How to combat the coronavirus blues

young woman watching yoga on laptop

Nearly half of people in the United States say the coronavirus pandemic has negatively affected their mental health, according to a Kaiser Family Foundation poll in April. Calls to mental health and suicide prevention hotlines have spiked since the outbreak began, and the use of anti-anxiety and antidepressant medications is on the rise.

While sobering, this news isn’t shocking. After all, the pandemic has the potential to affect every aspect of our lives, from our work and health to our finances and daily routines. So do we just “hang on” until the crisis passes, or is there something we can do to restore a sense of emotional well-being?

Thankfully, the answer is that we can do something—many things—to protect our mental health during this challenging time. Here are a few strategies that can make a difference now—and any time you’re feeling blue.

Stay informed, but don’t go overboard

Media reports about disasters—even accurate, informative reports—can take a toll on your mental health. One study from the University of California, Irvine, showed that people who watched four or more hours of TV coverage immediately following the 9/11 terrorist attacks were more likely to experience symptoms of acute stress compared to those who watched less. They also were more likely to experience new physical health problems two or three years later.

That said, staying informed in a crisis is essential. Here are some ways to find a balance:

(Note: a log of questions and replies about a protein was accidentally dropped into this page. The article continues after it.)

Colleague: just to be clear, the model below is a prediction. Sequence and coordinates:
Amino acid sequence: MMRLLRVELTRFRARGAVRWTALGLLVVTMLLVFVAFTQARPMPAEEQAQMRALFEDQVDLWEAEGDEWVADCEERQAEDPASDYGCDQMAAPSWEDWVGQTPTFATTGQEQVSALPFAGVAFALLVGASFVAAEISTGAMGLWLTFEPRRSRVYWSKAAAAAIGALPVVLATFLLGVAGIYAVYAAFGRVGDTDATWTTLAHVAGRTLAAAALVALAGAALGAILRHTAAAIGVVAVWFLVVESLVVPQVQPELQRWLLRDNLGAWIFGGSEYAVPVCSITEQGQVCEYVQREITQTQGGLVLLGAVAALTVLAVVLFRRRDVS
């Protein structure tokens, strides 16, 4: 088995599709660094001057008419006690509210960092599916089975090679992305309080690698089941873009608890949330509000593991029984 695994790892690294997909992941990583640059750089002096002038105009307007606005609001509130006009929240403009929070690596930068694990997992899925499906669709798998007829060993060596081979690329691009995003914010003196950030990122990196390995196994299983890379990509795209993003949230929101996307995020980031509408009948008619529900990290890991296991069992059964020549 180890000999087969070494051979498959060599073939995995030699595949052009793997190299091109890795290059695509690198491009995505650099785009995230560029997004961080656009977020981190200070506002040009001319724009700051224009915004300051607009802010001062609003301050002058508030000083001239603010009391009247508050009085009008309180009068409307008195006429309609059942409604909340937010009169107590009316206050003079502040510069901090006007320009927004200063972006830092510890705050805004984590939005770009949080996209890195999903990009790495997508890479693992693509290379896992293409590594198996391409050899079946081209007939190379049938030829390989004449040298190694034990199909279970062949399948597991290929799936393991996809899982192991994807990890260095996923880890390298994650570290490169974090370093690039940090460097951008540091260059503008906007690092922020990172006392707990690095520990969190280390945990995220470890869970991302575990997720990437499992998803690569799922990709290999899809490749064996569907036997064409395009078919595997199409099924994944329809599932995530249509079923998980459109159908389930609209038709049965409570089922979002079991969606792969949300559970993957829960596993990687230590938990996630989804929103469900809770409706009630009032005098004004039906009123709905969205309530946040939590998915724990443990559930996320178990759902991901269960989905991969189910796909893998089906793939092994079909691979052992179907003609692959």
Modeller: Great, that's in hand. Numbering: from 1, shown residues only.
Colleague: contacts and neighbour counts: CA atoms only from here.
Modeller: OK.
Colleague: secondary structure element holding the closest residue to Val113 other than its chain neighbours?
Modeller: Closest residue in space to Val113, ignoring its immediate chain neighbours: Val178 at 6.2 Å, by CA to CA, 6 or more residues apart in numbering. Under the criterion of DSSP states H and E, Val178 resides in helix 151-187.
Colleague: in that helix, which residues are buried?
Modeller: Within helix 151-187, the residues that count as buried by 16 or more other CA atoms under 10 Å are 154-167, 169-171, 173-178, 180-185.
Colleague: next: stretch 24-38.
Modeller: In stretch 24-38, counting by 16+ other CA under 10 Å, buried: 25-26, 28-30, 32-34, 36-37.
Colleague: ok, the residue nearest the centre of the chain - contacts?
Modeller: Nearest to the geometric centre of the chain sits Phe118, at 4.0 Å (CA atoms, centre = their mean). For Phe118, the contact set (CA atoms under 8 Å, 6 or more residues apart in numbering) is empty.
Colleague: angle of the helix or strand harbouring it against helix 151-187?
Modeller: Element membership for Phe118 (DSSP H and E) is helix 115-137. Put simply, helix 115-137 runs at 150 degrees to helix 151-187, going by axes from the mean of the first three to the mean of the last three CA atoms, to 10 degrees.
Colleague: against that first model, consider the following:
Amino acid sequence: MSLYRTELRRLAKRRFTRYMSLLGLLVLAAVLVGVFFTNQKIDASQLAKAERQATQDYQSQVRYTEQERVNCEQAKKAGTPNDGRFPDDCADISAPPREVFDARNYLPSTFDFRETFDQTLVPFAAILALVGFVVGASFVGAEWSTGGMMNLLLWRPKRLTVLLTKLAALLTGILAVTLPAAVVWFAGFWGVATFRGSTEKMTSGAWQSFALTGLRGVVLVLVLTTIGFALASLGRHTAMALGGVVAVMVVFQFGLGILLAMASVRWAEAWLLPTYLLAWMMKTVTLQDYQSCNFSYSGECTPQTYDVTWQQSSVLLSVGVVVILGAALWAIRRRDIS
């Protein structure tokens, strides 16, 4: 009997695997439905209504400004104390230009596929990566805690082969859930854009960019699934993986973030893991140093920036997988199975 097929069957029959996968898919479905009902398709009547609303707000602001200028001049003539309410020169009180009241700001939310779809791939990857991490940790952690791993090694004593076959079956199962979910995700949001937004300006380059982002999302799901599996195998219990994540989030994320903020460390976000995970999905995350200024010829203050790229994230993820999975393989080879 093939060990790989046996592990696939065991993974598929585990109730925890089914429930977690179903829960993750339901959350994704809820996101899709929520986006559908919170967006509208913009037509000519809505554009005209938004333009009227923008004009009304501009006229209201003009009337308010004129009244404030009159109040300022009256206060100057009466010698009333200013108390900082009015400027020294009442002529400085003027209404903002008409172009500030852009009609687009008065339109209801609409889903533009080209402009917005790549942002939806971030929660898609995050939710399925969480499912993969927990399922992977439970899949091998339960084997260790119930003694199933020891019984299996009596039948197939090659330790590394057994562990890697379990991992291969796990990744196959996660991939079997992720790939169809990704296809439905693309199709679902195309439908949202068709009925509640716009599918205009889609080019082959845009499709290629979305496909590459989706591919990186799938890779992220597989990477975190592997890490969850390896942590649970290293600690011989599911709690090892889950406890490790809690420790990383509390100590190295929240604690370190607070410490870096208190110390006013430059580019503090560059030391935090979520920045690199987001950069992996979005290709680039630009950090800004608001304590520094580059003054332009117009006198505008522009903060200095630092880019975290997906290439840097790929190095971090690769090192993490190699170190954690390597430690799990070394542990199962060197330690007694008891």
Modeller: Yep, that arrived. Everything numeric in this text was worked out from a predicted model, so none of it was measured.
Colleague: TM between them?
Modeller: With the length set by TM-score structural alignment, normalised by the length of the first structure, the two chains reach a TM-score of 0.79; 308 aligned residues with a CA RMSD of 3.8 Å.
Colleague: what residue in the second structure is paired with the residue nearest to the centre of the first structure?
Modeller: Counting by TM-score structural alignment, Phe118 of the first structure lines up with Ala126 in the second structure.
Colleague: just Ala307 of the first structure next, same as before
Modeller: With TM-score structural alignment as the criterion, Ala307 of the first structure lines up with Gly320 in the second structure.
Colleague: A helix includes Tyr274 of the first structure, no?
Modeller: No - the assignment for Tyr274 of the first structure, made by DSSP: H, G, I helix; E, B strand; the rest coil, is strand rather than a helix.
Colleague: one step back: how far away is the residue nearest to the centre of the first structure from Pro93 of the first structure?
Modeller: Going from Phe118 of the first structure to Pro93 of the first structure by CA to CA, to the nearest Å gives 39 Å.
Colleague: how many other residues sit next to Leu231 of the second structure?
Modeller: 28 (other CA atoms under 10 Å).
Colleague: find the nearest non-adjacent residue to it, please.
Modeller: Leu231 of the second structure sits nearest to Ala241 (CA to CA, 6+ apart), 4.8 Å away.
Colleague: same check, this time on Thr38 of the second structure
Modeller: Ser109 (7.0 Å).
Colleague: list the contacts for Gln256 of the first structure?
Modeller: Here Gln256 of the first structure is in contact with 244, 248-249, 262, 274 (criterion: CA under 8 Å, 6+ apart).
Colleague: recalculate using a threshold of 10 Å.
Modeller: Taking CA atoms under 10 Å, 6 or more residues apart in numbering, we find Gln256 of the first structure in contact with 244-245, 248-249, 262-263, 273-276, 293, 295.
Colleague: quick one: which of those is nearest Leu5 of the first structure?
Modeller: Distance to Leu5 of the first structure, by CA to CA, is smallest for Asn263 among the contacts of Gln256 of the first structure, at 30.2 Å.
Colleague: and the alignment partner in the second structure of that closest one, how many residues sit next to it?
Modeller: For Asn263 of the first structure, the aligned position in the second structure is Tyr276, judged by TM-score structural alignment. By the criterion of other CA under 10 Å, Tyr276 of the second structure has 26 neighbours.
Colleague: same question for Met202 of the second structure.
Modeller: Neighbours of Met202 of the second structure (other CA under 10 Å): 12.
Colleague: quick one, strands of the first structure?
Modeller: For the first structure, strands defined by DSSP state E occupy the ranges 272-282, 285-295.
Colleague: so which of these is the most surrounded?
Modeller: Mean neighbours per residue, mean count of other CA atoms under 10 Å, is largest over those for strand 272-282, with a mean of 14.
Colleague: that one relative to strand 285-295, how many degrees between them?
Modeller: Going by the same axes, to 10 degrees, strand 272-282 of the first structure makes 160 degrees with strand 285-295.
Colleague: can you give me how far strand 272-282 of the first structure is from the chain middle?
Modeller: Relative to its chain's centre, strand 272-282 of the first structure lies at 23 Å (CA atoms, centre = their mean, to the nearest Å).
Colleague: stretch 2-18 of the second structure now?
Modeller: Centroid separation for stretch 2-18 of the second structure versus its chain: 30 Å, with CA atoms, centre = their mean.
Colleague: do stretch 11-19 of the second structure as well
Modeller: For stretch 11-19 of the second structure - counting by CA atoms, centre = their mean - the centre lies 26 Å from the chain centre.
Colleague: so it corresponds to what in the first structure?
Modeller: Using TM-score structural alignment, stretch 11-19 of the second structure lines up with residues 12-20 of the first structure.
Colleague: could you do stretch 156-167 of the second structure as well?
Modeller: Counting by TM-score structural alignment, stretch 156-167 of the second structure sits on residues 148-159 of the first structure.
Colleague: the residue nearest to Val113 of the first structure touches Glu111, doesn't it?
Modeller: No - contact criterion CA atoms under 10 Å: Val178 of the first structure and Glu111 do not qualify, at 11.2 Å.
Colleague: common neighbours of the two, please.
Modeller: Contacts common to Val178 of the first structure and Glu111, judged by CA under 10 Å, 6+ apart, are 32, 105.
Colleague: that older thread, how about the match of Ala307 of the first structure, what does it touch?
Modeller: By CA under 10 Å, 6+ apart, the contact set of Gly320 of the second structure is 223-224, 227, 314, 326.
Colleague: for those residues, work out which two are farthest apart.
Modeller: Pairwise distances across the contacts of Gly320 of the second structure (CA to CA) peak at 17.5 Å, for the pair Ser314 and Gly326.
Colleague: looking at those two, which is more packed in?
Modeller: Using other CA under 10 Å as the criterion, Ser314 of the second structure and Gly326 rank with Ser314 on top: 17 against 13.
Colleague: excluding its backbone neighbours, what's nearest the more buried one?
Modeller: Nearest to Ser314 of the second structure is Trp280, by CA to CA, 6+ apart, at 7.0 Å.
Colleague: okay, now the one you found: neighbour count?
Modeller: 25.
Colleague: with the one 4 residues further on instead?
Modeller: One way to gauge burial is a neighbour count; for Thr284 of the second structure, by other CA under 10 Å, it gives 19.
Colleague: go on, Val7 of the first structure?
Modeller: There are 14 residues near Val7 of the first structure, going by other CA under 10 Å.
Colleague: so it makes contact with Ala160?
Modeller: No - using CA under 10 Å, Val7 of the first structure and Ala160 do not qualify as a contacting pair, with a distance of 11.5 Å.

Get some exercise every day

Exercising regularly is one of the best things you can do for your mental health. It reduces stress hormone levels and stimulates the production of endorphins, which help you feel more relaxed and optimistic. When you exercise, you feel better about yourself and have more energy, too.

Almost any type of exercise can help your mental outlook, and most don’t require going to the gym. You can:

Reach out and help someone

Helping other people in need can improve your state of mind. In fact, in a 2015 study, researchers at Penn State College of Health and Human Development found that doing even small acts of kindness can reduce the negative effects of stress on a person’s mood and mental health.

Social distancing makes it more difficult than usual to help others—but not impossible. A few ideas:

Websites such as can help you connect with specific opportunities in our community.

Seek professional help if you need it

These early months of 2020 have been tough on all of us. But for some people, feelings of sadness and worry have turned into something more serious. If your mental health is causing problems with your relationships, work or overall sense of well-being, consider seeing a professional for help.

Roper St. Francis Physician Partners provides mental health services for people dealing with depression, anxiety and other concerns. Learn more by visiting our website or by calling our doctor referral line at (843) 402-CARE.

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